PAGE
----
About Us Contact Us Privacy Policy
GOOD is part of GOOD Worldwide Inc.
publishing family.
© GOOD Worldwide Inc. All Rights Reserved.

Teacher kept 'empty chair' in his classroom for over 50 years for heartbreaking reason

The empty chair carried strong emotions behind it and a painful tale from the past.

Teacher kept 'empty chair' in his classroom for over 50 years for heartbreaking reason
Cover Image Source: Montclair Public Schools

Childhood memories often leave lasting impressions on a person's mind, shaping their self-identity and purpose in life. Daniel Gill, a former Social Studies teacher, experienced a harsh lesson on racism during his childhood. This episode left a deep impact on him, sparking a fire that still burns bright. Throughout his five-decade teaching career, he lived this memory every day, with "an empty chair in his classroom." This chair symbolized strong emotions and a painful tale from the past, reports CBS News.

Representative Image Source: Pexels | K Senia Chernaya
Representative Image Source: Pexels | K Senia Chernaya

In his classroom at Glenfield Middle School, Montclair, New Jersey, the empty chair was not for punishment or as a spare. It was a reminder of empathy, a symbol of inclusiveness, and a life lesson he never forgot. This unique detail made him famous and beloved on the internet.


In 1980, while addressing his students on Martin Luther King Jr. Day, Gill shared a story about his childhood. In the 1950s, a 9-year-old Gill went to a birthday party with his friend Archie, who was Black. It didn’t matter to them until the birthday boy’s mom denied them entry into her house. "The woman who is the mother opened the door and said that I could go in but that Archie couldn't because there were no more chairs," Gill said.

Representative Image Source: Dr. Martin Luther King Jr. (Photo by Afro American Newspapers/Gado/Getty Images)
Representative Image Source: Dr. Martin Luther King Jr. (Photo by Afro American Newspapers/Gado/Getty Images)

"I said, no problem, I'll sit on the floor. And she said to me, no, I didn't understand. There are no more chairs," Gill said. At first, they didn’t understand, but soon enough they realized what was causing the mother to act this way. Shocked, the two boys left the party, their eyes welling with tears. The memory haunted Gill for years. So when he became a teacher, he used that memory for good. "I put a chair in my classroom so that anybody who comes to my classroom filled with anticipation, like a party, would feel welcome," he said.

He even started a tradition of telling this story to his students annually on Martin Luther King Jr.’s birthday, “as a way to punctuate what the day means in the lives of ordinary people, and how they should act when confronted with racism,” Gill told The Washington Post. He added that “kids learn really well through metaphors.”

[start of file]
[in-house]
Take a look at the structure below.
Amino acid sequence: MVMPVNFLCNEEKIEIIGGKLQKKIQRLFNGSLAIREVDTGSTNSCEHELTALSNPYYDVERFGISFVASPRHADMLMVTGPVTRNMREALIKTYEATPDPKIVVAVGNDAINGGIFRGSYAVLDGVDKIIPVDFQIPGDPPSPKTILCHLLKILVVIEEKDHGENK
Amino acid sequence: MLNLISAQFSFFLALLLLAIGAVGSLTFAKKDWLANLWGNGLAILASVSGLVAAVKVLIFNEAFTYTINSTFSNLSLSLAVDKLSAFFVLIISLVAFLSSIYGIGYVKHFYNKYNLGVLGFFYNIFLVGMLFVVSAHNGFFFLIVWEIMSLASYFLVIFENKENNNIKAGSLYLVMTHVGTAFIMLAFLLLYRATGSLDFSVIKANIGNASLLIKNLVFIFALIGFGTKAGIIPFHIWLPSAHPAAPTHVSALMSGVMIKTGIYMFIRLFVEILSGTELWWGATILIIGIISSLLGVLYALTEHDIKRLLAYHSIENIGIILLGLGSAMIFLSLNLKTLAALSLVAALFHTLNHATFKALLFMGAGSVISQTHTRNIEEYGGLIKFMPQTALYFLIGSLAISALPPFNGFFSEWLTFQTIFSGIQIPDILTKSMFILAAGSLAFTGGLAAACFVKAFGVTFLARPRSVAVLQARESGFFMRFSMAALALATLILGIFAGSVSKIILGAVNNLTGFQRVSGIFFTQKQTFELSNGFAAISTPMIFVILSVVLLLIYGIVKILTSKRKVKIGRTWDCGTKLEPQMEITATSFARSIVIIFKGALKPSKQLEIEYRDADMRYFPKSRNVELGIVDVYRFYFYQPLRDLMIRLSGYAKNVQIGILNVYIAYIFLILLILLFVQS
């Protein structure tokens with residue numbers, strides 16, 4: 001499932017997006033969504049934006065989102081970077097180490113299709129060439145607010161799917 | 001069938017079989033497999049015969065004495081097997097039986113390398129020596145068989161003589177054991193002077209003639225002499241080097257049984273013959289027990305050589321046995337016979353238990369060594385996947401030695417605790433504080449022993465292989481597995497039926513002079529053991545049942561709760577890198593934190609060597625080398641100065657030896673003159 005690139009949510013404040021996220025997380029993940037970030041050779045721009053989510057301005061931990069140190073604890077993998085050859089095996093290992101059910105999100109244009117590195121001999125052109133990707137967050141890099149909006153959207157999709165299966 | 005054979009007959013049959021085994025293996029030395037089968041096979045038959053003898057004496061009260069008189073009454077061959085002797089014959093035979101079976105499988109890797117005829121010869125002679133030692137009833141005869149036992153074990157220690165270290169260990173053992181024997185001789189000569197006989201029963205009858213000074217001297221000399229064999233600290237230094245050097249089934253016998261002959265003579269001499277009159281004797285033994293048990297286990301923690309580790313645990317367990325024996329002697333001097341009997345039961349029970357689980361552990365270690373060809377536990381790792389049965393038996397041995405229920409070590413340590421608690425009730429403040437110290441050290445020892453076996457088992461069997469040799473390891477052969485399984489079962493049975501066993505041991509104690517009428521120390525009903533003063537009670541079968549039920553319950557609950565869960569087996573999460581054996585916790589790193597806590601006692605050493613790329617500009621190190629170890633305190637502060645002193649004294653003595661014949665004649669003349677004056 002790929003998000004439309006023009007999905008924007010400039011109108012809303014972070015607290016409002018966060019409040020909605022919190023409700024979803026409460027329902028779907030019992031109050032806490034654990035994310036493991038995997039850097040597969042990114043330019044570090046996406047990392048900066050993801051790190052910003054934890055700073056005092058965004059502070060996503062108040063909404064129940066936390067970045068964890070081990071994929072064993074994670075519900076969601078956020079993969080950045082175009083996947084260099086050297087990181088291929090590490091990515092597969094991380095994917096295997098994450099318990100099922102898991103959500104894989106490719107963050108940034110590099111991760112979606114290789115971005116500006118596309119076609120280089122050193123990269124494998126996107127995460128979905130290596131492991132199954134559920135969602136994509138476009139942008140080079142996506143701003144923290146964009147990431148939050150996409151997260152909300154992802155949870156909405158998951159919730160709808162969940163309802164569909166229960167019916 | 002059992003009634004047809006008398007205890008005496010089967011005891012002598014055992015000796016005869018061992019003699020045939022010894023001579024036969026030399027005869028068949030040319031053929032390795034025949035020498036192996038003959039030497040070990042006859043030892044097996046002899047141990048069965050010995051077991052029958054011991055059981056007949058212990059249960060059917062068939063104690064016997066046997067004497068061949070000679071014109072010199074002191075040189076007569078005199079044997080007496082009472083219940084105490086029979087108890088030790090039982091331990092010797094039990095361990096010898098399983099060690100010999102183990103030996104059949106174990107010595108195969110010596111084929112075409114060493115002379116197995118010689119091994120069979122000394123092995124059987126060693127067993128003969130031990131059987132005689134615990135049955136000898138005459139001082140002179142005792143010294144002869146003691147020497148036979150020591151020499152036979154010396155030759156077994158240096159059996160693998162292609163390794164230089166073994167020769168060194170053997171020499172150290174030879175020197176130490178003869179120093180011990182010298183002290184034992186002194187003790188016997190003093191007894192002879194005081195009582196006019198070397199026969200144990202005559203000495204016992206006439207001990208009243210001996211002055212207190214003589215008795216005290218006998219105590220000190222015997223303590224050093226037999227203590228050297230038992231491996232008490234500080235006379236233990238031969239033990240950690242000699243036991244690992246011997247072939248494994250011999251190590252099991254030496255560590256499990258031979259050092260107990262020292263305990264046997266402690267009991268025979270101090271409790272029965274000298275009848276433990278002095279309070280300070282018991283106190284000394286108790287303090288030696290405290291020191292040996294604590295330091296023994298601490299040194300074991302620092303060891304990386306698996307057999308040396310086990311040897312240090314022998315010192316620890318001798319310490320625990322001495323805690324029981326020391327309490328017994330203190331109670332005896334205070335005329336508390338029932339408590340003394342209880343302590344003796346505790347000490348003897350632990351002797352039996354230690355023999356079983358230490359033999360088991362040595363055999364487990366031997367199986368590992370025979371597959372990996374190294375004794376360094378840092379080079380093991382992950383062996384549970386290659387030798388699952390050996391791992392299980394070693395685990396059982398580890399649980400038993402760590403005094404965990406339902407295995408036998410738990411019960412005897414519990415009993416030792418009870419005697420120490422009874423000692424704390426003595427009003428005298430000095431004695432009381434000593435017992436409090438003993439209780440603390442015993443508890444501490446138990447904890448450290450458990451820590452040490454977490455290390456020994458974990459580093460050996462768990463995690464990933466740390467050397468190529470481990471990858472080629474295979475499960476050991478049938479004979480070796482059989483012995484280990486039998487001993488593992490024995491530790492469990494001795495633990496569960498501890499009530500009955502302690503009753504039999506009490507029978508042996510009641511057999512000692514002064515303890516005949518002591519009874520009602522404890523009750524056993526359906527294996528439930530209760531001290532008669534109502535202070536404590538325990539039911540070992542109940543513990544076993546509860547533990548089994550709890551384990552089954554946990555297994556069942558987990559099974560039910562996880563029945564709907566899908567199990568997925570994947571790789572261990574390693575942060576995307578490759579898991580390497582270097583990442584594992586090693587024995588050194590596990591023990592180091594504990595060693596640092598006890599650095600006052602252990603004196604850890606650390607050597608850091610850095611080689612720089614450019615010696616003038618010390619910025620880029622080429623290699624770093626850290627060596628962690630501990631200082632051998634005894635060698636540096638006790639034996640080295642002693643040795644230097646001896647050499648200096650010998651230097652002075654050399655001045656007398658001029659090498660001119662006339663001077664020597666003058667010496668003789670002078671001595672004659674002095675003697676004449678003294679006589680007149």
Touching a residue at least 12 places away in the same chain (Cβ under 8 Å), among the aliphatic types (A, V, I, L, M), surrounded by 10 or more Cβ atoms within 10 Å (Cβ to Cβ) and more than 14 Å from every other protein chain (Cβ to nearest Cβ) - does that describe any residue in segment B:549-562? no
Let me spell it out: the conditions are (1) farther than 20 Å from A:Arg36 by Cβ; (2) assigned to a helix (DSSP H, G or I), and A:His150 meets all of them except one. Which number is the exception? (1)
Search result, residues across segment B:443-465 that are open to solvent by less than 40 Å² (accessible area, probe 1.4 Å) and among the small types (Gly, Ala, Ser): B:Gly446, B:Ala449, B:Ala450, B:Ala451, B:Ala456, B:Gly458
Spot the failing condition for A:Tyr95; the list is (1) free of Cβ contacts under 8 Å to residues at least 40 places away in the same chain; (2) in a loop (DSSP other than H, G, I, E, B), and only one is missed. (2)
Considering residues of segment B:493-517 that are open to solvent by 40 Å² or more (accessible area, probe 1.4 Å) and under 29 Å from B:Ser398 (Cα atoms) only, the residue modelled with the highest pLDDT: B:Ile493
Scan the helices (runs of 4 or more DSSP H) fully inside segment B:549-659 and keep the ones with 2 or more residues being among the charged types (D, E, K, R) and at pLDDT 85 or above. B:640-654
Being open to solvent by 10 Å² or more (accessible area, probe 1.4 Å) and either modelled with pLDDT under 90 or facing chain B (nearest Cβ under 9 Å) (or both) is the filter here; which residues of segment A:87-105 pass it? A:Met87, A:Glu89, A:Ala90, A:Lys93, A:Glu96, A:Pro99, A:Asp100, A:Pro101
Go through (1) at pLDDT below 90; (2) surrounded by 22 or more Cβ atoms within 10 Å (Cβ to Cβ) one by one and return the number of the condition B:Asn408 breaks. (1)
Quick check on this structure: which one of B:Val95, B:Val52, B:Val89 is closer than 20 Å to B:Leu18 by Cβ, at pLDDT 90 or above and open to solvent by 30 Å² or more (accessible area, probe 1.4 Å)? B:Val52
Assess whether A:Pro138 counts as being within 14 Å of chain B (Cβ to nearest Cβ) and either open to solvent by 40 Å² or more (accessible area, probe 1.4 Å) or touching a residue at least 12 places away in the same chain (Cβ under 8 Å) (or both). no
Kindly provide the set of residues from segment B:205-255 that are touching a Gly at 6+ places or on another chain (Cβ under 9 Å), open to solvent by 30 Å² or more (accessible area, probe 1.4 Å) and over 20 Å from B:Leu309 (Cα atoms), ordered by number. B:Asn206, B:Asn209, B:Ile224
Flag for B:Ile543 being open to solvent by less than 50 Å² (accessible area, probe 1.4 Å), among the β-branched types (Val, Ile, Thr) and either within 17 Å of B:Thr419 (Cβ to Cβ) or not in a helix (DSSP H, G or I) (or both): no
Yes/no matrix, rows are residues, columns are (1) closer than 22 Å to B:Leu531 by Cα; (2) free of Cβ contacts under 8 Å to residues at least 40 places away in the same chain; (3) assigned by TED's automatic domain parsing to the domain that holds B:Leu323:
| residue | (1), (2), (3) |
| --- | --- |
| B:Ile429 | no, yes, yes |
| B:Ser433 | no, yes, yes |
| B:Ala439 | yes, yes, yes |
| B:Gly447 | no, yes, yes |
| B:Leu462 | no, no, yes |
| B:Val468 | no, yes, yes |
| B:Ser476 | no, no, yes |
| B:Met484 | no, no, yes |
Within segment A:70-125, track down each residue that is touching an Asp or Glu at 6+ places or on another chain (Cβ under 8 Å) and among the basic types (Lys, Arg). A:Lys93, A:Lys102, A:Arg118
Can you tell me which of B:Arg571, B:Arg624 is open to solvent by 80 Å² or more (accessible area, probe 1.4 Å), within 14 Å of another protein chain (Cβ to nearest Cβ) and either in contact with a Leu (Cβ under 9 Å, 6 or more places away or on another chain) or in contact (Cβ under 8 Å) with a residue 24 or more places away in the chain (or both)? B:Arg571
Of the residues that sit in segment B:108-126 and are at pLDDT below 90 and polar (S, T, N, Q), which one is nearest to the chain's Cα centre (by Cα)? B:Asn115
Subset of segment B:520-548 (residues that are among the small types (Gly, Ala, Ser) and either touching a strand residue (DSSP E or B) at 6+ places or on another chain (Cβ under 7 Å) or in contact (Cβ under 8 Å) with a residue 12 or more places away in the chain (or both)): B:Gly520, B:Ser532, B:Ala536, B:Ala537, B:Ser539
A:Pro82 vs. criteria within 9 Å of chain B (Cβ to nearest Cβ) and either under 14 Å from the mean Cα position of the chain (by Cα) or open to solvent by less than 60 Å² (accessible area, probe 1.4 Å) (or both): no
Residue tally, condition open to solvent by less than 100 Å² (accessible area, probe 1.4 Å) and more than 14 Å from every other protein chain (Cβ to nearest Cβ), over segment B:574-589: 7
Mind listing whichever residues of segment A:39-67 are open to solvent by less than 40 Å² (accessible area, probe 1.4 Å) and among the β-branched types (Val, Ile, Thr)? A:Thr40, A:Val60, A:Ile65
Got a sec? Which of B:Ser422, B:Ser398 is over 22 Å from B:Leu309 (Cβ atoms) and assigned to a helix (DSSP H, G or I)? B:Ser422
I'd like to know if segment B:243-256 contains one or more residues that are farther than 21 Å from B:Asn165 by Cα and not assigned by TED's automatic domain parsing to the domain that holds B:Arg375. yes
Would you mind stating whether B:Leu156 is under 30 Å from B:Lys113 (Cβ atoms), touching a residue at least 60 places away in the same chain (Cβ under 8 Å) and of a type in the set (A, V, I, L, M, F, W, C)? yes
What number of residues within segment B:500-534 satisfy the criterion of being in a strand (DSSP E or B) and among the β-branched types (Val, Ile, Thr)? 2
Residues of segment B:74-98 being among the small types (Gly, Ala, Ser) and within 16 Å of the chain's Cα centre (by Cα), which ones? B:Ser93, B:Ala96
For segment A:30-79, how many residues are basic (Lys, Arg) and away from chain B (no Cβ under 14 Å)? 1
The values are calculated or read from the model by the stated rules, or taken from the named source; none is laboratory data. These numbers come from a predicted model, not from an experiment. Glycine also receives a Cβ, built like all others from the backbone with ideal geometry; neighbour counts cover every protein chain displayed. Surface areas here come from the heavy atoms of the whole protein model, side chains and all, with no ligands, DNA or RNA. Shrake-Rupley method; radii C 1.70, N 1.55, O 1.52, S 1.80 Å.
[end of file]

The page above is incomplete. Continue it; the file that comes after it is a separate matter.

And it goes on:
Gill believes that throughout this journey, Archie remained his greatest inspiration. “Archie was denied the opportunity to go to the birthday party because of a bias the woman had,” Gill told TODAY, adding that, he didn’t know it at the time, but the experience of Archie and the birthday party drove him to where he is today.


During the span of his teaching career, Gill’s contribution has been monumental in terms of integrating Montclair public schools. Over the years, the school became a model for other schools’ desegregation. His school’s staff considered him as the "anchor." "It keeps us anchored, and so sometimes, when we get distracted and politics get in the way or you hyper-focus on something that's not as important, Mr. Gill can always bring us back," Principal Erika Pierce told CBS News.

“But there’s always more work to be done,” he said. By using the metaphor of an “empty chair,” he tried to teach kids the importance of inclusion, empathy, and love. “Kids work well with symbols,” Gill said. “It’s a reminder that they can do better, better academically, socially, and emotionally, but also to make people feel welcome and make this a better place to live.”

Representative Image Source: Pexels | Artstel
Representative Image Source: Pexels | Artstel

In May 2022, when he was planning to retire from teaching, Gill participated at the Montclair Public Library in a book-pitch competition called "Pitch-a-palooza," an event organized by husband and wife duo David Sterry and Arielle Eckstut. He pitched a book titled “No More Chairs,” saying that the book will be dedicated to Archie. Since he pitched his story in May, he was offered a publishing contract for his book from the Hachette Book Group and now has a book agent, per Montclair Local News. This book is set to roll out in the year 2025, according to Google Books. Gill also shared his story on The Kelly Clarkson’s Show a year ago.


“The empty chair shows his students that his classroom is always an accepting place,” wrote the Glenfield Public School's staff on their website.


More Stories on Good